I'd like support for 32bit images. There are some limitations when using 32bit images, such as not being able to play with palette, but many of raster effects could be achieved even with 32bit images as they depend on changing stuff like scroll value and image scale on each scanline, not playing with palette. I believe having support for 32bit images would make the engine more versatile even if some of the features, like palette shifting would be limited to 8bit assets.
Well, you should try IMO. The developer I've commissioned it from had some reservation about using DLL version, but I think it was just some sort of preconception. I can act as a tester as I have CF.
Could you maintain Clickteam Fusion Klystrack extension in future (it is compatible for now)? https://github.com/SortaCore/MMF2Exts/tree/master/DarkEDIF/Klystrack
All you'll have to do is to recompile against static release lib, non-SDL one.
Thank you for your kind words. Yes, I already plan a free demo (that's how I'm going to draw people to my $100 indie gogo campaign since I simply can't afford Steam Direct fee, of course will be selling the game here as well). I'll do traditional promotion as well (since I know how hard the making a thing go viral can be, that's why I've asked for tips) and since my game is supposed to be cute, fun and care-free experience, I'll concentrate on comedy - I consider myself pretty good at writing it.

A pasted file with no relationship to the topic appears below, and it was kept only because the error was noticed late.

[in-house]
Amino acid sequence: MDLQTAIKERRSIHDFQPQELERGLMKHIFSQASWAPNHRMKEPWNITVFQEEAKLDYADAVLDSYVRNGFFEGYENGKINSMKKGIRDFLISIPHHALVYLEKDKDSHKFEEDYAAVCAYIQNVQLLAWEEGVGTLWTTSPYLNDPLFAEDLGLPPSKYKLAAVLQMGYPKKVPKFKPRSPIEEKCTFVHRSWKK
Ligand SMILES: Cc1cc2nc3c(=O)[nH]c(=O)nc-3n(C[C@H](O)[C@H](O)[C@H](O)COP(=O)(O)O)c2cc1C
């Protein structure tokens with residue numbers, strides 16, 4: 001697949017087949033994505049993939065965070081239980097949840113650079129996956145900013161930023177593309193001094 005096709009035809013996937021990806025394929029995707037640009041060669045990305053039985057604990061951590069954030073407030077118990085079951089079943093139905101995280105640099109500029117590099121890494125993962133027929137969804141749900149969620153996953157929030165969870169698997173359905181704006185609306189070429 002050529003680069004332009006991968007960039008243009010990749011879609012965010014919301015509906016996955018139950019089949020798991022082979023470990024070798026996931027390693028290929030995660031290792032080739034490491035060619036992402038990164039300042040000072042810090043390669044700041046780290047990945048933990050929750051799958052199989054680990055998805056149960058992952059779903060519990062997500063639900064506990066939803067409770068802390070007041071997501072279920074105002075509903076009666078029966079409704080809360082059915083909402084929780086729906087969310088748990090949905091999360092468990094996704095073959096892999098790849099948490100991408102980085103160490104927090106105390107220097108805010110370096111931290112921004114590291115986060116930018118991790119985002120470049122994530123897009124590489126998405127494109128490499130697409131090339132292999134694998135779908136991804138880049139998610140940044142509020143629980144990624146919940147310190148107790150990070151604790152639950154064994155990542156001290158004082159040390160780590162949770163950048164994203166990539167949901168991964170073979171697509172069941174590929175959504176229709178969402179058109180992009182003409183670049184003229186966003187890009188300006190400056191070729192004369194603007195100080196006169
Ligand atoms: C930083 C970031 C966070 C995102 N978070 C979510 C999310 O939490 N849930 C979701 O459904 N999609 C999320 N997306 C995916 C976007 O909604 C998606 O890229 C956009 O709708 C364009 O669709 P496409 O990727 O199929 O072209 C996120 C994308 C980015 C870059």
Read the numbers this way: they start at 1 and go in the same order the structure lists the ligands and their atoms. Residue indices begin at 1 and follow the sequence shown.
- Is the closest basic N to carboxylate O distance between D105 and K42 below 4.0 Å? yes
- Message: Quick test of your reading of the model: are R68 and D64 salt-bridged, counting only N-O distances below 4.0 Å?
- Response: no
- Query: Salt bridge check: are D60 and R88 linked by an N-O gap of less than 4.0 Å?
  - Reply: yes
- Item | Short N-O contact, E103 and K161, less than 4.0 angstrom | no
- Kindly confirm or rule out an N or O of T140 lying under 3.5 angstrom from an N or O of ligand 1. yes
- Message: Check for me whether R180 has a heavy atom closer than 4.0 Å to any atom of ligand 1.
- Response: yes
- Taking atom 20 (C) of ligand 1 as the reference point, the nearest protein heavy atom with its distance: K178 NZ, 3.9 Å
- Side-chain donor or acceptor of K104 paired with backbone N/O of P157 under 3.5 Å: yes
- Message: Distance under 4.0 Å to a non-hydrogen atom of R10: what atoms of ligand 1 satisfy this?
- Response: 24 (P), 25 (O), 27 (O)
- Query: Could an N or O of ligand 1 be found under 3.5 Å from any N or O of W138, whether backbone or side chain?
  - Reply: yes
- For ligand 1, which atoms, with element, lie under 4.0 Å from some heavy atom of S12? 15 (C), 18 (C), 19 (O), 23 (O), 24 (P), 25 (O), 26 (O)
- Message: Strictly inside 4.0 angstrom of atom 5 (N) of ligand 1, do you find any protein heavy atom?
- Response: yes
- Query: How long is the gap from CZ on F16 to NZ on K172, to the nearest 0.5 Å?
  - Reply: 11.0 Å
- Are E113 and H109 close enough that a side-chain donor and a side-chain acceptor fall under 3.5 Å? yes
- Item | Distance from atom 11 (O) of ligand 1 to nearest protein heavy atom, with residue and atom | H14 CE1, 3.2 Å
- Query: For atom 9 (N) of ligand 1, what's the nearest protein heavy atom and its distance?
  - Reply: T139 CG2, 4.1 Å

Have a nice weekend!
Sorry, but I simply don't have time to do this. But with these easy steps you can make your own which would fit your game best. Until I saw these videos music making didn't really click for me all the way through, but after following this simple advice I was able to easily make quality music for my game.
I've noticed there is none, so I've decided to create one so community can chat and share cool tunes they've made or are working on.
Here's the invite (shouldn't expire): https://discord.gg/cNPWkRT